Monday, November 12, 2012

Competition Law and Policy in Turkey - Recent Developments and Prospects - Part one (Article)

By Yusuf-Kaan Gurer, LL.M. Candidate (Istanbul), Ph.D. Candidate (Cologne)

Introduction 

According to the World Economic Forum's latest Global Competitiveness Report [1] (GCR) Turkey is "one of the countries that improved most in the GCI rankings" in 2012 by moving up 16 places to attain the 43rd spot. The country's continued and rapid economic growth - 8.4% in 2011 - goes hand in hand with considerable improvements in its competition policy. 

Driven by the accession negotiations with the European Union and eager to liberalize its economy, in 1994 Turkey introduced Act No. 4054 on the Protection of Competition [2] (Act 4054) with the aim "to ensure the protection of competition by performing the necessary regulations and supervisions". In order to enforce the provisions of this Act, three years later, in 1997 the Turkish Competition Authority [3] (TCA) became operational with the Board (TCB) as its decision-making body. 

This series of three articles will give an overview of the recent developments in Turkey's aim to modernize its competition law regime to further boost effective competition and thus economic wealth. While Part I focuses on cartel prohibition, Part II will deal with dominance and, finally, Part III with merger control.

Cartel prohibition 

In its basic structure Article 4 of Act 4054 [4], which contains the laws prohibiting cartels, resembles Article 101(1) TFEU and hence covers anti-competitive agreements, concerted practices and decisions by associations of undertakings. However, whereas Article 101(1) TFEU contains the unwritten criterion of appreciability [5] Turkish competition law does not contain any form of such an appreciability or de minimis threshold. As a result even agreements with minimal competitive significance may constitute a violation Article 4 of Act 4054. In similarity to EU legislation according to Article 5 of Act 4054 (modeled after Article 101(3) TFEU) exemption may be applicable, either in the form of individual exemption issued by the Board or block exemption [6].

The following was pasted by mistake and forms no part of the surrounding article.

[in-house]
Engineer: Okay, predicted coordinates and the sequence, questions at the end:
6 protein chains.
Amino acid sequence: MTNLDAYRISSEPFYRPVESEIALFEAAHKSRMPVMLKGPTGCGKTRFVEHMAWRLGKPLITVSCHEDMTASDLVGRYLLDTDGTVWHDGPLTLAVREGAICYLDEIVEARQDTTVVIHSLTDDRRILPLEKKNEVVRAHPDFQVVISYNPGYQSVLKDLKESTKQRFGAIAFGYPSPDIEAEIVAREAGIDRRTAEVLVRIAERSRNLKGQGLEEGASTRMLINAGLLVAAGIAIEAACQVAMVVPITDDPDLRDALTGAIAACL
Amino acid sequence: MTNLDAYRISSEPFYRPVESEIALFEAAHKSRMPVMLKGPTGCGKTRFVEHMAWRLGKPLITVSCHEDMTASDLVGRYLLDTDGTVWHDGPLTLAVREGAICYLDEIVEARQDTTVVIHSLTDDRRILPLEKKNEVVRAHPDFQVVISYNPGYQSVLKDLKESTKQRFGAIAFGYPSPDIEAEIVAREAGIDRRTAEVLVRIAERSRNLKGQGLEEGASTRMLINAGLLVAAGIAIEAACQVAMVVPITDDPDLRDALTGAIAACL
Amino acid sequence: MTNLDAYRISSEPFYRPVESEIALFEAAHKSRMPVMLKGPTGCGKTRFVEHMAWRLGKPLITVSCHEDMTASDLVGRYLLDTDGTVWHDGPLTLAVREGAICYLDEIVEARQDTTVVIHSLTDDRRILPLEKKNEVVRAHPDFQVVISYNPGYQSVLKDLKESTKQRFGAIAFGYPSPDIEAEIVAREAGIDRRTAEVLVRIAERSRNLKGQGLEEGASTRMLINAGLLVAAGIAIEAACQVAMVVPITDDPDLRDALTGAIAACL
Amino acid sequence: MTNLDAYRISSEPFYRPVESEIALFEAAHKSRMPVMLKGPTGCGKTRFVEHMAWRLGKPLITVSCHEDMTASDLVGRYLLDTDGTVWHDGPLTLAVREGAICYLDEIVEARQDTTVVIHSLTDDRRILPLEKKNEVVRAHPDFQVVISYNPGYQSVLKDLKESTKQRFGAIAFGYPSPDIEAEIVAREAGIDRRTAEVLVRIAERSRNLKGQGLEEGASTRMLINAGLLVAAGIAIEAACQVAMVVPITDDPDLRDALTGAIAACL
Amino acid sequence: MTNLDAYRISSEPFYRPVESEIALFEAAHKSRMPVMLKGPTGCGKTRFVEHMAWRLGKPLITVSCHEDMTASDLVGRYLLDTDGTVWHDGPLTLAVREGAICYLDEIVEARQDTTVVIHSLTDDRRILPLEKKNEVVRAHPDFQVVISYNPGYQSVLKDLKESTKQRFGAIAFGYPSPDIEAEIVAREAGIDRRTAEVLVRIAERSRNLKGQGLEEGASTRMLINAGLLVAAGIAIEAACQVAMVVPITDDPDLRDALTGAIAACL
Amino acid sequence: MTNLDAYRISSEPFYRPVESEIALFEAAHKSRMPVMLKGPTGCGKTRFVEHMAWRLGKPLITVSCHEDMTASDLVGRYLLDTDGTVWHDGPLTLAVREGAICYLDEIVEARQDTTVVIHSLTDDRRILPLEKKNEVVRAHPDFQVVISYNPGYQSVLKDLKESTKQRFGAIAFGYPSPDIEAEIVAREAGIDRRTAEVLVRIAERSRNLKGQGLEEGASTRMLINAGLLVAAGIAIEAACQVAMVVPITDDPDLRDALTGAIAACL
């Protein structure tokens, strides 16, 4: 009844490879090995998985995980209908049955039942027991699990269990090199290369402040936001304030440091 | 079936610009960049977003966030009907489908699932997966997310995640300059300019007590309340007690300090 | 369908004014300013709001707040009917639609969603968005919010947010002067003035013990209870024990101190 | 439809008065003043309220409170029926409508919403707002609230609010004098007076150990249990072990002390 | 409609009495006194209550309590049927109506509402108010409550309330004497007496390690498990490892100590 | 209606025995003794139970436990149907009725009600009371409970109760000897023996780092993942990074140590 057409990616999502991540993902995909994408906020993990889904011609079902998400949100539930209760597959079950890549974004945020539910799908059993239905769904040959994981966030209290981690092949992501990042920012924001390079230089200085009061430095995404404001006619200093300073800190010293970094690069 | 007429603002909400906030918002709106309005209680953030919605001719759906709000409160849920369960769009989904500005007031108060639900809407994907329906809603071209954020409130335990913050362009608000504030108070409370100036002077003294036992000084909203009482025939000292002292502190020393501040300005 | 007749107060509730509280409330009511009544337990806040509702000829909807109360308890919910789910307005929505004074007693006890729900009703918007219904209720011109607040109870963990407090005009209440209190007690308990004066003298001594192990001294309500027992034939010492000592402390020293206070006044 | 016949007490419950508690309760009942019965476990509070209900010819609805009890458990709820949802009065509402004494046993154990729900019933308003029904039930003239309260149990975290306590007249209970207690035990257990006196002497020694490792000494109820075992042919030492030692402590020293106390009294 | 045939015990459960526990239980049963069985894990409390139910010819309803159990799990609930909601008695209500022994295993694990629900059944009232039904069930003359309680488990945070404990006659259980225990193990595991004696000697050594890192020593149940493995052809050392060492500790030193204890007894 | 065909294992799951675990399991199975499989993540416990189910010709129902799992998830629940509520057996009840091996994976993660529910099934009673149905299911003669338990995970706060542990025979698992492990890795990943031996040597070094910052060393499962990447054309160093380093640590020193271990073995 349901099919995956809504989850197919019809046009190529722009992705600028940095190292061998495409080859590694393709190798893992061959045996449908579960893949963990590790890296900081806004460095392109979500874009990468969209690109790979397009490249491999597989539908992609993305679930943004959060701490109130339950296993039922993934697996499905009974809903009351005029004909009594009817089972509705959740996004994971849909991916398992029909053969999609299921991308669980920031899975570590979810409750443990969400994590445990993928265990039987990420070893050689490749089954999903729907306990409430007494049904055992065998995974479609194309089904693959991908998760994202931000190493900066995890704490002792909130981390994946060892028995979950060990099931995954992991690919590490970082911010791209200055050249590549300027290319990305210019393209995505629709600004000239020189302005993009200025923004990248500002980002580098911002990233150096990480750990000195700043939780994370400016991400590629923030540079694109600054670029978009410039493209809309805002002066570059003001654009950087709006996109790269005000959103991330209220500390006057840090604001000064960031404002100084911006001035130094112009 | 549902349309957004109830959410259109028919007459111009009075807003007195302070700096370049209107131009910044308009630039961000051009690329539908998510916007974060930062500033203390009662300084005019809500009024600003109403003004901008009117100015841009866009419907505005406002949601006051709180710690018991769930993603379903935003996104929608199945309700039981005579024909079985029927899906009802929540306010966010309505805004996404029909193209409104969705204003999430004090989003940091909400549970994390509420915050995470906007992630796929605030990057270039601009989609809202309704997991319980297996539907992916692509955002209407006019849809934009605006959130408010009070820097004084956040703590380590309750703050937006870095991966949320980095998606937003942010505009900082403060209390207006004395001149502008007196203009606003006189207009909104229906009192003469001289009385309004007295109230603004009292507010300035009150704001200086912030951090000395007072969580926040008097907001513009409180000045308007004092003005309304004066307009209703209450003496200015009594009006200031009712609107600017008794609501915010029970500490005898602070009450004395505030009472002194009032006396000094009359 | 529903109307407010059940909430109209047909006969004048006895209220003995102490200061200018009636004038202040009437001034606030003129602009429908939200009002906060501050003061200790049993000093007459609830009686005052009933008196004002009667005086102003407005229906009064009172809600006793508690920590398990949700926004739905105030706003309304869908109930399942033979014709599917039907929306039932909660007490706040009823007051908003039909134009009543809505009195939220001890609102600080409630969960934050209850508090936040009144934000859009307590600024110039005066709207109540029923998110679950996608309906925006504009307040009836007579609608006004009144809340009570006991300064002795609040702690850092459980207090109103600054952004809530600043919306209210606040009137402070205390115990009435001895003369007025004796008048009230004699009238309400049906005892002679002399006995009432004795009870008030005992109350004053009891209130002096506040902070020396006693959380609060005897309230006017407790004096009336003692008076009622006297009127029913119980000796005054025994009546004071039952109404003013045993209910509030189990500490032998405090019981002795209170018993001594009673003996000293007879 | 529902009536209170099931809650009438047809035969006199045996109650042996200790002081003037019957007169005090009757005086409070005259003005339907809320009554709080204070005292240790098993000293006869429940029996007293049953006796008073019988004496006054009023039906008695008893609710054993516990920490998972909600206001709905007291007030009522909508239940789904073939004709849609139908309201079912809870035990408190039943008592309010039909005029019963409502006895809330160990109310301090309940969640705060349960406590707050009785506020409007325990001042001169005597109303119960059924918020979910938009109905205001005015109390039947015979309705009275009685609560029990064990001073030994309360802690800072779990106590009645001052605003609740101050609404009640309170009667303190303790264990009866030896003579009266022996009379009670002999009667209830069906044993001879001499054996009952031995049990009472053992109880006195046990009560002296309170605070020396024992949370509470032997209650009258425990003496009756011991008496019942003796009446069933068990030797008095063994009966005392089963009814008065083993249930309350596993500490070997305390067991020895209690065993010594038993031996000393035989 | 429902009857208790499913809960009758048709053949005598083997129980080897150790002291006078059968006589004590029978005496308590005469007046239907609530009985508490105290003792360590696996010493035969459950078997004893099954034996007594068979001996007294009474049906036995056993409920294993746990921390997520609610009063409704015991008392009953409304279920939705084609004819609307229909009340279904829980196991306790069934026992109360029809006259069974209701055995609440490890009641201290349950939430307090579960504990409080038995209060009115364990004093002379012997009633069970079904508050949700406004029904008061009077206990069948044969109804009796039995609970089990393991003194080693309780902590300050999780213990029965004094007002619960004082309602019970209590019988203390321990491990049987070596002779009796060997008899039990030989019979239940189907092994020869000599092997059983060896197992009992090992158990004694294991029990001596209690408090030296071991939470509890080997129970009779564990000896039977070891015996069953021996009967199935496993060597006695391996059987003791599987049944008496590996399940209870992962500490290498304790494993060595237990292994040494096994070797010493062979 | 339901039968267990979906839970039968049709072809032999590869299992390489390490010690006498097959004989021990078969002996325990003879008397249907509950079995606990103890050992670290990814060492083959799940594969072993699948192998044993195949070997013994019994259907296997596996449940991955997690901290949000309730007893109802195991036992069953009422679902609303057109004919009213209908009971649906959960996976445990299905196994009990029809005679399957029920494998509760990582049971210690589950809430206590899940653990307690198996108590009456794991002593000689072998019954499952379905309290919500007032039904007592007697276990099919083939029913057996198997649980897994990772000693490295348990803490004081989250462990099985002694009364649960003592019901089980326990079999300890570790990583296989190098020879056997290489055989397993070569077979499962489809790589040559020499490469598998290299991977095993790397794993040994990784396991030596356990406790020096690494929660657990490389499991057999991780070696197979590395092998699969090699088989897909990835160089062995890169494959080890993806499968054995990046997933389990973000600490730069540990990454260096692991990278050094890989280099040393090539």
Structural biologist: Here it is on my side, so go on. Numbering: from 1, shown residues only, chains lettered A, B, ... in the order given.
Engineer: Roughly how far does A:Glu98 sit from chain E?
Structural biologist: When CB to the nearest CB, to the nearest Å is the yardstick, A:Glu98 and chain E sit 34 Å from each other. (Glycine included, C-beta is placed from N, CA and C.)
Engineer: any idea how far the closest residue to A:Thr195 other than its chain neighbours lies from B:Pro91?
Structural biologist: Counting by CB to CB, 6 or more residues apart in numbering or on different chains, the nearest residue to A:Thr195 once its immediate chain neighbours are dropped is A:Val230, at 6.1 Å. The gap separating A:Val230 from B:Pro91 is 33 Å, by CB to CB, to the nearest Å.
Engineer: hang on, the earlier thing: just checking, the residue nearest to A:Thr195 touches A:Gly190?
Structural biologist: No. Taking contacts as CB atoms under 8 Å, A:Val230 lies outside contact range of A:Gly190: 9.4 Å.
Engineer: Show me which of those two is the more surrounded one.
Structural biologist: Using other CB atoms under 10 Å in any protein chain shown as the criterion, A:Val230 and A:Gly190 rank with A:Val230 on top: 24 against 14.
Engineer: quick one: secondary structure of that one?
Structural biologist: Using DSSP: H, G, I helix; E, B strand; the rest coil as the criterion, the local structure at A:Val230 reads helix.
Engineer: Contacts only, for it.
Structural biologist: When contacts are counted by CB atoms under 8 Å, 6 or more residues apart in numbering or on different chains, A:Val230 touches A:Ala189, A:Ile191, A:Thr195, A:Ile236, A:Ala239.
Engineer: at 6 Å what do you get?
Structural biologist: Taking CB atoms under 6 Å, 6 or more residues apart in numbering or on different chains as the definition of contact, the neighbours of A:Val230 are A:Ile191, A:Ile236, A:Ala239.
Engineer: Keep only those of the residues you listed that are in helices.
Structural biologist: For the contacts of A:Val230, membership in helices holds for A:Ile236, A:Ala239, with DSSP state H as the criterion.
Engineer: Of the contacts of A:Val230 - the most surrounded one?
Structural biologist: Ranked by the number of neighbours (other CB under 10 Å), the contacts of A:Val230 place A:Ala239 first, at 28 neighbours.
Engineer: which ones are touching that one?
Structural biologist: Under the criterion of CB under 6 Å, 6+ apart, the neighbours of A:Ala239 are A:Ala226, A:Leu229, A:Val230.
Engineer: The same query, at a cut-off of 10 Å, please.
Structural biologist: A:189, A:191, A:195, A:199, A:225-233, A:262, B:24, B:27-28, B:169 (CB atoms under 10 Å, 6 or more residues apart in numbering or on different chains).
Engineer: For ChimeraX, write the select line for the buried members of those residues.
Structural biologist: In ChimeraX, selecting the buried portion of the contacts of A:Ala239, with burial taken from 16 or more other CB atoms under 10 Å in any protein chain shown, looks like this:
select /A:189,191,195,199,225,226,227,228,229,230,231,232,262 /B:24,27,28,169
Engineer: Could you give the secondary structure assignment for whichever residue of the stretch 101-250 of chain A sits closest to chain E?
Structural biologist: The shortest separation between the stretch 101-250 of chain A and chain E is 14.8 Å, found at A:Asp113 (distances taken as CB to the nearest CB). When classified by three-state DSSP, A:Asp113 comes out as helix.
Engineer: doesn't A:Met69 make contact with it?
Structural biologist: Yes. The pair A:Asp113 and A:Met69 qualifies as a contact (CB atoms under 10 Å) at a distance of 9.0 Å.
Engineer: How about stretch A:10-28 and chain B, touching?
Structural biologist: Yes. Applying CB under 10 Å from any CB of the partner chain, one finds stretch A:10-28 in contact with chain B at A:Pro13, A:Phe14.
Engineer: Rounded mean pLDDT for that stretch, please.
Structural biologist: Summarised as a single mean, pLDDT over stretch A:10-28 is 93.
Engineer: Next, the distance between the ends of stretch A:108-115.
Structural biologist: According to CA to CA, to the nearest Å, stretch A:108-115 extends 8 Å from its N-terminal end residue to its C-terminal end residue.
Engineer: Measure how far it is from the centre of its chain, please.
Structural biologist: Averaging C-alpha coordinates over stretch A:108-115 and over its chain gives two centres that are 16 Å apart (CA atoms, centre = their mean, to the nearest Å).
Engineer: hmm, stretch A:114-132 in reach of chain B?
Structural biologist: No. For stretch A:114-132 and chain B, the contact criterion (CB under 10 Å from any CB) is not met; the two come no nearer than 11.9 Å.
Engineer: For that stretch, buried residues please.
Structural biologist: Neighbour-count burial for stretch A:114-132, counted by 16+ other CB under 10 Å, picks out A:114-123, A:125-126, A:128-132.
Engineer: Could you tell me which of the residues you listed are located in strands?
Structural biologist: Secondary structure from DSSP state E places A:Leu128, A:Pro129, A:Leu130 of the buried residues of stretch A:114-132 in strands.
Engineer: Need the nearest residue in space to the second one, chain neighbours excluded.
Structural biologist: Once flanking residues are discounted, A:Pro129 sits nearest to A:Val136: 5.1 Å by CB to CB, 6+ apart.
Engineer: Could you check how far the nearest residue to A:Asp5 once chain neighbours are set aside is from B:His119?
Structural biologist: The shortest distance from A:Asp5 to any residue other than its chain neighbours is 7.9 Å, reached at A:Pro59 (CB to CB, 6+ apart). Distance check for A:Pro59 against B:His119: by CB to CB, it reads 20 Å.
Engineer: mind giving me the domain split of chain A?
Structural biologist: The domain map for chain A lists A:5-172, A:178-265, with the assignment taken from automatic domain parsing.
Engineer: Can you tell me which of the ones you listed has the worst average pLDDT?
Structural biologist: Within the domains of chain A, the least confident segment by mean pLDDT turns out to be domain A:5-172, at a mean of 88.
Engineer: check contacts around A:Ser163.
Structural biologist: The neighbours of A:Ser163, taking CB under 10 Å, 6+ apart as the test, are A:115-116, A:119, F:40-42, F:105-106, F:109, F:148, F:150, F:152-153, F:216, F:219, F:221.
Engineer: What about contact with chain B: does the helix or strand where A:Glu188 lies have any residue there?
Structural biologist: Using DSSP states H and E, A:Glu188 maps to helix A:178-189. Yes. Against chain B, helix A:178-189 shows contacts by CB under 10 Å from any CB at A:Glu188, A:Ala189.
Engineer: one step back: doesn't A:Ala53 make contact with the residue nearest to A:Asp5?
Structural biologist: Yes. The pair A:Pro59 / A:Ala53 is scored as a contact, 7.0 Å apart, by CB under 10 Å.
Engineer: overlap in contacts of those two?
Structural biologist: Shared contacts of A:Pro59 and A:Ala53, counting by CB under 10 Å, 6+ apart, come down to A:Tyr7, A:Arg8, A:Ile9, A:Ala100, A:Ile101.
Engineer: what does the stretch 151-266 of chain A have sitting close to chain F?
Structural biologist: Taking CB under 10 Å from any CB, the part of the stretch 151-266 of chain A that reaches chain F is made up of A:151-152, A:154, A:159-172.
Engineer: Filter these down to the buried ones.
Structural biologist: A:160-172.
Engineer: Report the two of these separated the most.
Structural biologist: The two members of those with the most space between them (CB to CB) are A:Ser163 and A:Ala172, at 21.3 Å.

Despite some national characteristics the Turkish cartel prohibition regime closely follows the European model but, with regards to damage claims, also includes aspects from U.S. competition law such as treble damages. 

In terms of sanctions and in particular fines 2011 was a record year with approx. 350 million Turkish Liras (TL) [7] of fines imposed in Article 4-cases - a figure which most probably will not be reached in 2012. In general, infringements of Article 4 may lead to fines up to 10% of a cartel member's turnover generated in Turkey in the preceding fiscal year and a fine of up to 5% of this sum can be imposed on an employee. [8] However, in practice the fines imposed so far range from 2-4% of the Turkish turnover. 

In 2009 the Regulation on Active Cooperation for Detecting Cartels [9] (Leniency Regulation) entered into force introducing the main principles of leniency as established in European law to the Turkish antitrust regime. According to Article 1 of the Leniency Regulation its scope is limited to cartels which are defined as "agreements restricting competition and/or concerted practices between competitors for fixing prices; allocation of customers, providers, territories or trade channels; restricting the amount of supply or imposing quotes, and bid rigging" [10].